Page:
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Neuroimage Clin. 2015 Mar 20;8:39-50. doi: 10.1016/j.nicl.2015.03.008. eCollection 2015.

Conflict anticipation in alcohol dependence - A model-based fMRI study of stop signal task.

Author information

1
Department of Psychiatry, Yale University School of Medicine, New Haven, CT 06519, USA.
2
Department of Biomedical Engineering, Stony Brook University, Stony Brook, NY 11794, USA.
3
Department of Psychiatry, Yale University School of Medicine, New Haven, CT 06519, USA ; Department of Neurobiology, Yale University School of Medicine, New Haven, CT 06520, USA ; Child Study Center, Yale University School of Medicine, New Haven, CT 06520, USA.
4
Department of Psychiatry, Yale University School of Medicine, New Haven, CT 06519, USA ; Department of Neurobiology, Yale University School of Medicine, New Haven, CT 06520, USA ; Interdepartmental Neuroscience Program, Yale University School of Medicine, New Haven, CT 06520, USA.

Abstract

BACKGROUND:

Our previous work characterized altered cerebral activations during cognitive control in individuals with alcohol dependence (AD). A hallmark of cognitive control is the ability to anticipate changes and adjust behavior accordingly. Here, we employed a Bayesian model to describe trial-by-trial anticipation of the stop signal and modeled fMRI signals of conflict anticipation in a stop signal task. Our goal is to characterize the neural correlates of conflict anticipation and its relationship to response inhibition and alcohol consumption in AD.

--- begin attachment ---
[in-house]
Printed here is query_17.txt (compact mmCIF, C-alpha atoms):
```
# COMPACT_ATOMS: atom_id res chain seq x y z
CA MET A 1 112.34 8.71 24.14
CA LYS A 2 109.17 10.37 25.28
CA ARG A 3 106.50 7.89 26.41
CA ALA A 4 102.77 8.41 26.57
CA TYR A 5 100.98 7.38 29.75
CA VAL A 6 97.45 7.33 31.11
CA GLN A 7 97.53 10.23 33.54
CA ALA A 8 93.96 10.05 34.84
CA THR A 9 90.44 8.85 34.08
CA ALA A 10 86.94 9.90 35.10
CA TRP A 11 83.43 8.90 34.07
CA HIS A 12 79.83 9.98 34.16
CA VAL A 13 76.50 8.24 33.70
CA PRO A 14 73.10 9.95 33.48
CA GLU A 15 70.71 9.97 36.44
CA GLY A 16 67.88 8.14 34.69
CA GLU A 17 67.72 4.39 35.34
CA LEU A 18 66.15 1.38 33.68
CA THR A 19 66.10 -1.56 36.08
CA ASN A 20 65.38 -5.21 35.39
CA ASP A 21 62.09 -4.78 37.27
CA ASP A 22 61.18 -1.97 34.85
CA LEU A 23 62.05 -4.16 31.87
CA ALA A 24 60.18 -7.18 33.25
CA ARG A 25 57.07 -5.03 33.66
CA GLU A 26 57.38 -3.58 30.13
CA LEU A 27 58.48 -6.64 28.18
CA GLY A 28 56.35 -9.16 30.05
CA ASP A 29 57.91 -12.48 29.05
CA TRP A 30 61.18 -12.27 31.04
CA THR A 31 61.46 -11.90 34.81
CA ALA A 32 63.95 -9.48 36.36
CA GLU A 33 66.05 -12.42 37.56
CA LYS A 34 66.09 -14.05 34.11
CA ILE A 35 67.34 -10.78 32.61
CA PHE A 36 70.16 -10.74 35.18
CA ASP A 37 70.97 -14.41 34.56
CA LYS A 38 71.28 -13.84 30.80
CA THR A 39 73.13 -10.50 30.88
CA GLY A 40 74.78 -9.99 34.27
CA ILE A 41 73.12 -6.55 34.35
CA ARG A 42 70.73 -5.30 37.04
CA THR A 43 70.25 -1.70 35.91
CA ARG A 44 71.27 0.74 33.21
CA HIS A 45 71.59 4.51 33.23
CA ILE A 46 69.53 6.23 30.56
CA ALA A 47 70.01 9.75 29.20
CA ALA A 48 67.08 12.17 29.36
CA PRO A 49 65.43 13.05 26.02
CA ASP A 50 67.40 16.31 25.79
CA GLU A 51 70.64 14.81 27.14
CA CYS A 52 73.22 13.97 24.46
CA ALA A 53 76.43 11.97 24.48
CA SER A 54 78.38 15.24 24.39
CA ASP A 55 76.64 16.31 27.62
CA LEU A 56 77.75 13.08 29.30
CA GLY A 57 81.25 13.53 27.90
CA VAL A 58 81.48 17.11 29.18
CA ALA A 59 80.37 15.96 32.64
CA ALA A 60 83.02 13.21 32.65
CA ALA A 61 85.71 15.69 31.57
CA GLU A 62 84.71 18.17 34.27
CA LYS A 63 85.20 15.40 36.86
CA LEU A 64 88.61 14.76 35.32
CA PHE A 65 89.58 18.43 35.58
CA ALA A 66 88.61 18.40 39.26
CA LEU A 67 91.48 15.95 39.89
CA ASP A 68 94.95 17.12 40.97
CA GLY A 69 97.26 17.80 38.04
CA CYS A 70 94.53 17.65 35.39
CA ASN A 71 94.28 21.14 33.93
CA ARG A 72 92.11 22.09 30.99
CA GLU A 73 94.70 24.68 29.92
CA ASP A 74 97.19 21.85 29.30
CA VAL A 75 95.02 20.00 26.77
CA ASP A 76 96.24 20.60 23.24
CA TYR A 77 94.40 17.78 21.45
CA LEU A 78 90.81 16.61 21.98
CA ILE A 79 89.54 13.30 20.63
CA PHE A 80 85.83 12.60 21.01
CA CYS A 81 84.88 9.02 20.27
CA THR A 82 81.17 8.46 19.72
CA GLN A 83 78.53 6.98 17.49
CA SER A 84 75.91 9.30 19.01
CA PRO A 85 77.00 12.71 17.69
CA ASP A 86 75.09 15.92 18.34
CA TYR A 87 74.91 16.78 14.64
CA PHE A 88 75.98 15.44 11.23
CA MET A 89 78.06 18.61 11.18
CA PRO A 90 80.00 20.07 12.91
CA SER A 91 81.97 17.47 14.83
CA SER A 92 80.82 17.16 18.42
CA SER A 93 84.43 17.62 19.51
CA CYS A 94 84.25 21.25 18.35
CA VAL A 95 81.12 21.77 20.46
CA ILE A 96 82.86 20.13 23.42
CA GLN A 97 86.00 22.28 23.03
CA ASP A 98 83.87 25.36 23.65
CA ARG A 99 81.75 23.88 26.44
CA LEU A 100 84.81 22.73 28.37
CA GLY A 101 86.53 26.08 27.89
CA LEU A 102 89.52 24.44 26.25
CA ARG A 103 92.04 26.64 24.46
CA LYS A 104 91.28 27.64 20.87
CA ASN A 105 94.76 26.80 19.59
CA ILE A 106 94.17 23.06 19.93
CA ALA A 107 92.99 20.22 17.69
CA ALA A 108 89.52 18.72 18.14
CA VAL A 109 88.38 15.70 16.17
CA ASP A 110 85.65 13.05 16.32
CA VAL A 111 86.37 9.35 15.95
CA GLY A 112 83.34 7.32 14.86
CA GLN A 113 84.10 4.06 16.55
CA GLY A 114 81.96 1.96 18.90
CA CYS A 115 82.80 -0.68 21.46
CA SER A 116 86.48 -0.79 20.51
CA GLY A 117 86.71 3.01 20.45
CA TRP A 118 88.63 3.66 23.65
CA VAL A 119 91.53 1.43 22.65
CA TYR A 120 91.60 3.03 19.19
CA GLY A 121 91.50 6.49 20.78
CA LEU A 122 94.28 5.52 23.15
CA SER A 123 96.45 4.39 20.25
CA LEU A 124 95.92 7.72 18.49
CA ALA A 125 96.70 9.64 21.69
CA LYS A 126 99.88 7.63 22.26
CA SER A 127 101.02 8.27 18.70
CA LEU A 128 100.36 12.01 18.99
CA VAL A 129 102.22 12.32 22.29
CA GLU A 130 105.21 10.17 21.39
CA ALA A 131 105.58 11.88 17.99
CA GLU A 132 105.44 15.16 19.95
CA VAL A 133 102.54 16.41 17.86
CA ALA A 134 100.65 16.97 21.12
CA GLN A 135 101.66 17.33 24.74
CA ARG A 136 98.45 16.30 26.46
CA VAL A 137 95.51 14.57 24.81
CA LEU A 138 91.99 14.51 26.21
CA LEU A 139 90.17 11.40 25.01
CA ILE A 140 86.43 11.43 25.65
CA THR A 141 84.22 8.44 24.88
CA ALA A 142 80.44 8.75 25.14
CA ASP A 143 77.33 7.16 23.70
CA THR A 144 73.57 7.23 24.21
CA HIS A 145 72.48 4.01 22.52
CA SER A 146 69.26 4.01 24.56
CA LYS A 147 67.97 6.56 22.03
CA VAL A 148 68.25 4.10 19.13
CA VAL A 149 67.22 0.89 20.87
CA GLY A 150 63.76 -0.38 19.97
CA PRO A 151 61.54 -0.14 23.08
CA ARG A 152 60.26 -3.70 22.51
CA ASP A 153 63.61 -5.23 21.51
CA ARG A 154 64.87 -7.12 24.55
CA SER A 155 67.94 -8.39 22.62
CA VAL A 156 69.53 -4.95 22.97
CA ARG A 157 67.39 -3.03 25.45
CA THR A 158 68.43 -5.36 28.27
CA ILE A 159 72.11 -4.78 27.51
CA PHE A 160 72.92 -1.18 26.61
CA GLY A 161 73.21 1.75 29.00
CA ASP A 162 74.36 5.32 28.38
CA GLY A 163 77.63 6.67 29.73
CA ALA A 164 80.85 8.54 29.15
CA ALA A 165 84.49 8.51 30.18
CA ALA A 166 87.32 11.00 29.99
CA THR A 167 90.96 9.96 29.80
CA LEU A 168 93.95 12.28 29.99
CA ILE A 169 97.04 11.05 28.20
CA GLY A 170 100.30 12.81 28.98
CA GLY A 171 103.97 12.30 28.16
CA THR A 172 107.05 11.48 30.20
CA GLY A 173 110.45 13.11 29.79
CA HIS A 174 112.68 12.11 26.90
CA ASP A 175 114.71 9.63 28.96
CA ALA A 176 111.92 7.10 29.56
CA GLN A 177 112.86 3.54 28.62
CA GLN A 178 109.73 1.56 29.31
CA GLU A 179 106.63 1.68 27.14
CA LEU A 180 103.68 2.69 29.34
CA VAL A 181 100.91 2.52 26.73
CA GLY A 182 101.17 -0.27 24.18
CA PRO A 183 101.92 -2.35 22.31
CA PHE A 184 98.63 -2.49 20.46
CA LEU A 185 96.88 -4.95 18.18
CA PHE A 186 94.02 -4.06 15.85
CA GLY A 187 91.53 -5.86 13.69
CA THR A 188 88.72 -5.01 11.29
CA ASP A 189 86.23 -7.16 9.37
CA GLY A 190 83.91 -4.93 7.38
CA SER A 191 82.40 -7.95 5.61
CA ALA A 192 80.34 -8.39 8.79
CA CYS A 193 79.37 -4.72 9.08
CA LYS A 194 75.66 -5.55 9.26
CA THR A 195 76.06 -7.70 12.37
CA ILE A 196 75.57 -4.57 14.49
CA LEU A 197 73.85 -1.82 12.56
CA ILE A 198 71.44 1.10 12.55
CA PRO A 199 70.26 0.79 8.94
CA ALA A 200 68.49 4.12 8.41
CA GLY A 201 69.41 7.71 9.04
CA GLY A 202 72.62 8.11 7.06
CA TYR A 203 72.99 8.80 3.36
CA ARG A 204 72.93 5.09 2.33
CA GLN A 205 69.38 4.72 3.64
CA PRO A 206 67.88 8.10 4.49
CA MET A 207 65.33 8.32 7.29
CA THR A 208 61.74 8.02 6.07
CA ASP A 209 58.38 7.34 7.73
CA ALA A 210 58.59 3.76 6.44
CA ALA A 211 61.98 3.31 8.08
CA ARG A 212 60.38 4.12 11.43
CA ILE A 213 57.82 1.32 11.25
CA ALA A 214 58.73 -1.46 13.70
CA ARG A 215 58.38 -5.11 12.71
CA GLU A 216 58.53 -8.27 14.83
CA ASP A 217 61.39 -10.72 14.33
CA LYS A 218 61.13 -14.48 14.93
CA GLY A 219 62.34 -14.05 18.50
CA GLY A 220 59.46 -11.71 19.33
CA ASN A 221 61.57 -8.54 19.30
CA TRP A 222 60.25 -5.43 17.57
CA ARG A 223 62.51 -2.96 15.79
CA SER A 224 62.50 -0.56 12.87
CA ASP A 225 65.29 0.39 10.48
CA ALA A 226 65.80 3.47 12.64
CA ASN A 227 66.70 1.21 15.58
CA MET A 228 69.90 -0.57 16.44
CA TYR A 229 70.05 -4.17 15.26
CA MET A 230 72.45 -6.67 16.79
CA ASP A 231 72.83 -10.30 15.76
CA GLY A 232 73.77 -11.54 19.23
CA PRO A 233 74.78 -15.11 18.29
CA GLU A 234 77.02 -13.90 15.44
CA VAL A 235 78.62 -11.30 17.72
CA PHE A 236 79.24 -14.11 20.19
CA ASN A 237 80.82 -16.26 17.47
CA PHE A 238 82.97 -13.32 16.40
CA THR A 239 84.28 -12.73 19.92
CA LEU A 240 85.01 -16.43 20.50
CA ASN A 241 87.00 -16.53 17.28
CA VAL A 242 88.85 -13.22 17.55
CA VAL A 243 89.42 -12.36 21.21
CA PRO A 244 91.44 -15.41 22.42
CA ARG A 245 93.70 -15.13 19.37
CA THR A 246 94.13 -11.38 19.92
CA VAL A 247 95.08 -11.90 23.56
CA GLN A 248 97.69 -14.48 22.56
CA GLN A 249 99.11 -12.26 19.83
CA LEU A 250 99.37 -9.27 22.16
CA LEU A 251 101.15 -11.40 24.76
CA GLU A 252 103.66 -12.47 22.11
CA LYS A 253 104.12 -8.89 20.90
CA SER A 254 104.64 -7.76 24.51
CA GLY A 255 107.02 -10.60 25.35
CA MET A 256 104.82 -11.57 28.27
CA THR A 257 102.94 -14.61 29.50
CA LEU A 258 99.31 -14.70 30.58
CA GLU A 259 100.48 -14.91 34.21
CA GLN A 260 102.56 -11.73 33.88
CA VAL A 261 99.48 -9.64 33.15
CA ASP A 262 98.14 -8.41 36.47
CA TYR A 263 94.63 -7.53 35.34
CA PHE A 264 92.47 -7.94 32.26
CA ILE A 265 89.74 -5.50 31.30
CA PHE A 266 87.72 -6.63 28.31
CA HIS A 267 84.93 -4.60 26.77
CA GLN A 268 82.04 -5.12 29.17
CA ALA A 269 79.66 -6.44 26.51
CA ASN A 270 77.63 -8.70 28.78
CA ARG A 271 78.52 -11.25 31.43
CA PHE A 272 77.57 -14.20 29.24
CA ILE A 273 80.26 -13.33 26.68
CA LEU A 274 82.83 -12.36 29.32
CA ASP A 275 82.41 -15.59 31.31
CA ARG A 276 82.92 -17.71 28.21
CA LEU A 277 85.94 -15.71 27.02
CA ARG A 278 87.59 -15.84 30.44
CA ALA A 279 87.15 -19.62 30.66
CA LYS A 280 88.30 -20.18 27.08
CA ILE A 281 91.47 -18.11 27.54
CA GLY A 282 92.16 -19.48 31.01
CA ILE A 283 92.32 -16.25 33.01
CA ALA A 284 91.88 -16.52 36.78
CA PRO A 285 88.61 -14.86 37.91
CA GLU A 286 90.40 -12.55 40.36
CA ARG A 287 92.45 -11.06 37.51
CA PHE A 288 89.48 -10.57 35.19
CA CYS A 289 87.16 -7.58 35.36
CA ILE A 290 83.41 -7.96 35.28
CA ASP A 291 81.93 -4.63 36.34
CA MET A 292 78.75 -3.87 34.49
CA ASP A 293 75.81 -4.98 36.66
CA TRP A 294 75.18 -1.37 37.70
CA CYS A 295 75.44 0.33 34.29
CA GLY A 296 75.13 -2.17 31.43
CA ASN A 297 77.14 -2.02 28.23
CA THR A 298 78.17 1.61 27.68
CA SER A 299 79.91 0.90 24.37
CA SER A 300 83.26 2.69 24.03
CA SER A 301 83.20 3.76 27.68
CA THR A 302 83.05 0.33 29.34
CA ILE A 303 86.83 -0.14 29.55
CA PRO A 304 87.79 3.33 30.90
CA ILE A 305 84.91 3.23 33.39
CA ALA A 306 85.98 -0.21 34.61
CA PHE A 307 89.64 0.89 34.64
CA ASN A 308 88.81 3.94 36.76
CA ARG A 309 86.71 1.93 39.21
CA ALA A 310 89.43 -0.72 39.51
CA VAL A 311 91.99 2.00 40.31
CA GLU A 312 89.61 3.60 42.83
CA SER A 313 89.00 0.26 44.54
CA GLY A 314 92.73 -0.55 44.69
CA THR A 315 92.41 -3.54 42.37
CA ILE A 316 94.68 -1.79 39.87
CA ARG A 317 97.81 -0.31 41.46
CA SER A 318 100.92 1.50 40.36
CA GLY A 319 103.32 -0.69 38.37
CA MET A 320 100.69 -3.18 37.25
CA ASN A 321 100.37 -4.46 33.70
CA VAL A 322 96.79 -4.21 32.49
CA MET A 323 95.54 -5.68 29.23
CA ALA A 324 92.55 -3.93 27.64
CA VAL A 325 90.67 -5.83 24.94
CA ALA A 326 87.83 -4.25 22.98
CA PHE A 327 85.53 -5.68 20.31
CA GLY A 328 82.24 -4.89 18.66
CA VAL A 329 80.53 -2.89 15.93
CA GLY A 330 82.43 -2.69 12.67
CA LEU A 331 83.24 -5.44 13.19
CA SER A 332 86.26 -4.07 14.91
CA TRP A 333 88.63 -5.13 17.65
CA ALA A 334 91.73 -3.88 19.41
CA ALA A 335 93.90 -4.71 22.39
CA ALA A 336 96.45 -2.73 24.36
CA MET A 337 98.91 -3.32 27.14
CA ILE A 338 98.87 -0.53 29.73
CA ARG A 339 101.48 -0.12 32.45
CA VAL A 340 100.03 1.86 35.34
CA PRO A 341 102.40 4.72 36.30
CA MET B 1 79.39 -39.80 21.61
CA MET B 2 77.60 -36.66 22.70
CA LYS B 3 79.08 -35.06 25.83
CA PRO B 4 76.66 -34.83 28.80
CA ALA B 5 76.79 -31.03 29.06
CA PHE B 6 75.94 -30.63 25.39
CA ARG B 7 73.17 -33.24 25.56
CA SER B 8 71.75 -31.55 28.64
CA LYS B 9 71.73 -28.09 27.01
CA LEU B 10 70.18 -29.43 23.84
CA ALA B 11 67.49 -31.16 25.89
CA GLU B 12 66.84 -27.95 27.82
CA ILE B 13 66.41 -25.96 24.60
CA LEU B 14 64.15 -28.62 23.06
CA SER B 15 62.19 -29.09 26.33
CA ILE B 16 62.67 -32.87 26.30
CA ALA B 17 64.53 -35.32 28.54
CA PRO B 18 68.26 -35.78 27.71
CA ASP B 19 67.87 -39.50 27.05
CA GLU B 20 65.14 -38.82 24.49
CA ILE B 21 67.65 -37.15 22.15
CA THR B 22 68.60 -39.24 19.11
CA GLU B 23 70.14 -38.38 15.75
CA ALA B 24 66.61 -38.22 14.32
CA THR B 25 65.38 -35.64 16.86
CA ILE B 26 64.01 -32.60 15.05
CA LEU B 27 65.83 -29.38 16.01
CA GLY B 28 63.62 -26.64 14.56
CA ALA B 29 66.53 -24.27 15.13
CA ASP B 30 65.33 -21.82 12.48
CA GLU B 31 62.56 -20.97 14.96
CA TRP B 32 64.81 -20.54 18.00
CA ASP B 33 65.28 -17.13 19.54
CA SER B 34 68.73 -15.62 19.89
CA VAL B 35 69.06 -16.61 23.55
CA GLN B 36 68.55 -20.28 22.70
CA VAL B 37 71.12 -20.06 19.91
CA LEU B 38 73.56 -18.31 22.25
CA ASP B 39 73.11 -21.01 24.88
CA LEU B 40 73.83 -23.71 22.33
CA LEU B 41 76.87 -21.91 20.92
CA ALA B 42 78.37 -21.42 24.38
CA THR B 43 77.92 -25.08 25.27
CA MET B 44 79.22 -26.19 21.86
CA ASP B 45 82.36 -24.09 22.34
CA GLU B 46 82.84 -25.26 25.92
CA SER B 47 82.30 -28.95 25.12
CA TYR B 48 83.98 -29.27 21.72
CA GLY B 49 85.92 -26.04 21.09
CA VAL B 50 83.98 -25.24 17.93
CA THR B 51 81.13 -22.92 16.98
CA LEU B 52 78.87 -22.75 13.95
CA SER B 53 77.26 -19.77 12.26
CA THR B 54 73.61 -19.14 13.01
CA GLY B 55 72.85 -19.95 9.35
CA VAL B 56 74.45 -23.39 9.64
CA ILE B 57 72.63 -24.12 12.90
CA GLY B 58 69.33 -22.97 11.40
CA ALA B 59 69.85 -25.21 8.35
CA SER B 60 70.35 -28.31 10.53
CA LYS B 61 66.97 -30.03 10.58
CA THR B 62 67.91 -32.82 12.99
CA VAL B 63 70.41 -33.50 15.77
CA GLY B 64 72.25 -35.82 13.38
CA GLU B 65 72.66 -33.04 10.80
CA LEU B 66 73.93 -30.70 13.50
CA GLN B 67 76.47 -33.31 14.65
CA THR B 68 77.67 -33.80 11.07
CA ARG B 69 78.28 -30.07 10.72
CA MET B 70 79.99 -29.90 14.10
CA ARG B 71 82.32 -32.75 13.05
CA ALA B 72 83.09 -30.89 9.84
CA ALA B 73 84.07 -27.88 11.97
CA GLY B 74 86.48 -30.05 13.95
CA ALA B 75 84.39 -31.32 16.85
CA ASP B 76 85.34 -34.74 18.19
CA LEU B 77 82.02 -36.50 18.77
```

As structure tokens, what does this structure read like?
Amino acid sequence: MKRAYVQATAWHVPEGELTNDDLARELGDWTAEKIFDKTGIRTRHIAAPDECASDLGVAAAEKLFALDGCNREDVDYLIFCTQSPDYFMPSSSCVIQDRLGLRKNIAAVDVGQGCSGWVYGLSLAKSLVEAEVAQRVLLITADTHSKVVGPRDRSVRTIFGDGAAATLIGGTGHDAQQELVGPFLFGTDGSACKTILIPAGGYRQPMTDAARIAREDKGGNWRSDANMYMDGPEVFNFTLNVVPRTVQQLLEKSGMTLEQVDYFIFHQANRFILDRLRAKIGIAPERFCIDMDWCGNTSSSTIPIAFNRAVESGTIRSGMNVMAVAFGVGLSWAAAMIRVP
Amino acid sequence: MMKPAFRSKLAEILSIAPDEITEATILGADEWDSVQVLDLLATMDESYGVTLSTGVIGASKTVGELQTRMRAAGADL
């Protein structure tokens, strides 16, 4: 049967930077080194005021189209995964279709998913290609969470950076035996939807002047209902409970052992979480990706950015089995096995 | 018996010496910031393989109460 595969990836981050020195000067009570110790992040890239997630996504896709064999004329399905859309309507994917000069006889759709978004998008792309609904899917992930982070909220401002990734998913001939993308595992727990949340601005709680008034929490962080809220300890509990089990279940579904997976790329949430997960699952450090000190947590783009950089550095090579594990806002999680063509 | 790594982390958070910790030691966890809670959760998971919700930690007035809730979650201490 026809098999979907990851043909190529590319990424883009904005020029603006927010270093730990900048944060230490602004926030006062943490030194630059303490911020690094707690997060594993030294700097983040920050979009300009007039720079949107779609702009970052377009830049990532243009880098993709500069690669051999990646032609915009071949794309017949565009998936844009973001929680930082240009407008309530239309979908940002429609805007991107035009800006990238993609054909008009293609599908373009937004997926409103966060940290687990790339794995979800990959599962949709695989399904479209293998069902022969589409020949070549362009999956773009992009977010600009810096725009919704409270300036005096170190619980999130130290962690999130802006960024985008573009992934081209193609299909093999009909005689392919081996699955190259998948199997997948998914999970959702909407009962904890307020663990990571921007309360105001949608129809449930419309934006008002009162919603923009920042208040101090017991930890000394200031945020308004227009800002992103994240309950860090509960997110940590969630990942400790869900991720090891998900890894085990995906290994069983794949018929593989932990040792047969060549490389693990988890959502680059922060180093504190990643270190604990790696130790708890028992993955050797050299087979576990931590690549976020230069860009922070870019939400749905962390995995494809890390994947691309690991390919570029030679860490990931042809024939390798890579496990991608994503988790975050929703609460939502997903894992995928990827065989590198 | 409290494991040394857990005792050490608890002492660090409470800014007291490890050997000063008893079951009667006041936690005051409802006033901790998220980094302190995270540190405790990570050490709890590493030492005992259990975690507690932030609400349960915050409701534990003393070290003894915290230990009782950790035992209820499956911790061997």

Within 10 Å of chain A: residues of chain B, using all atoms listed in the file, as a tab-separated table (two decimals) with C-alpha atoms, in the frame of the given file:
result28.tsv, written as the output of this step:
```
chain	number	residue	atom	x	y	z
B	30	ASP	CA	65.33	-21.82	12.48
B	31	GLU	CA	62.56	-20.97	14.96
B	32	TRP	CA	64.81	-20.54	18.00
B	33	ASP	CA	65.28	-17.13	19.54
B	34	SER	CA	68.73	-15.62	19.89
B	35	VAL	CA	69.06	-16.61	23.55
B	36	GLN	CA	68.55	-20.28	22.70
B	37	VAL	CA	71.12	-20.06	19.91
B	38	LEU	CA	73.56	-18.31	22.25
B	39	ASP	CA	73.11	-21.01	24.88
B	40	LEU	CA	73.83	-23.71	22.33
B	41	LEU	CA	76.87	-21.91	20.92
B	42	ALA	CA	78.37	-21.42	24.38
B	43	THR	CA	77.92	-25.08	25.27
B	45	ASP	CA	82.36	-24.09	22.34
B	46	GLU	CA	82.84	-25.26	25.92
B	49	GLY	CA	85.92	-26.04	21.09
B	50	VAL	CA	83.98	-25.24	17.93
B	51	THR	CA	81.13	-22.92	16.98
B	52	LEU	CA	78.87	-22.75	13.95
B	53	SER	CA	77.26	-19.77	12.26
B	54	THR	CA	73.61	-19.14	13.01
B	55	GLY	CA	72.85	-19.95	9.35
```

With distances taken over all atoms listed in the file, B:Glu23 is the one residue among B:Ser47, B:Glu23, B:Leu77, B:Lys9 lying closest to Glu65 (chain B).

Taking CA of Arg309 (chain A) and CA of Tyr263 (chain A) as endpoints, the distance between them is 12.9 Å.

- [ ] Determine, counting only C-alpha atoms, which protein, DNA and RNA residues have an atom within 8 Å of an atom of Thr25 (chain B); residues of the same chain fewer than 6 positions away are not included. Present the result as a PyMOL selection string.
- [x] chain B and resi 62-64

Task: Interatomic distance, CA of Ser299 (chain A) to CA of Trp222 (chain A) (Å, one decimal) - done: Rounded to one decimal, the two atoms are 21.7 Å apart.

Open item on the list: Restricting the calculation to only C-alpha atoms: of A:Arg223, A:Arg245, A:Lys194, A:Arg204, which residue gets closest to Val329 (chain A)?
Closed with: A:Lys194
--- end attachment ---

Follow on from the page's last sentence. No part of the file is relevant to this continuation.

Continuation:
METHODS:

Twenty-four AD and 70 age and gender matched healthy control individuals (HC) participated in the study. fMRI data were pre-processed and modeled with SPM8. We modeled fMRI signals at trial onset with individual events parametrically modulated by estimated probability of the stop signal, p(Stop), and compared regional responses to conflict anticipation between AD and HC. To address the link to response inhibition, we regressed whole-brain responses to conflict anticipation against the stop signal reaction time (SSRT).

RESULTS:

Compared to HC (54/70), fewer AD (11/24) showed a significant sequential effect - a correlation between p(Stop) and RT during go trials - and the magnitude of sequential effect is diminished, suggesting a deficit in proactive control. Parametric analyses showed decreased learning rate and over-estimated prior mean of the stop signal in AD. In fMRI, both HC and AD responded to p(Stop) in bilateral inferior parietal cortex and anterior pre-supplementary motor area, although the magnitude of response increased in AD. In contrast, HC but not AD showed deactivation of the perigenual anterior cingulate cortex (pgACC). Furthermore, deactivation of the pgACC to increasing p(Stop) is positively correlated with the SSRT in HC but not AD. Recent alcohol consumption is correlated with increased activation of the thalamus and cerebellum in AD during conflict anticipation.

CONCLUSIONS:

The current results highlight altered proactive control that may serve as an additional behavioral and neural marker of alcohol dependence.

KEYWORDS:

Alcoholism; Cognitive control; Conflict; Medial prefrontal cortex; Neuroimaging

PMID:
26106526
PMCID:
PMC4473266
DOI:
10.1016/j.nicl.2015.03.008
[Indexed for MEDLINE]
Free PMC Article

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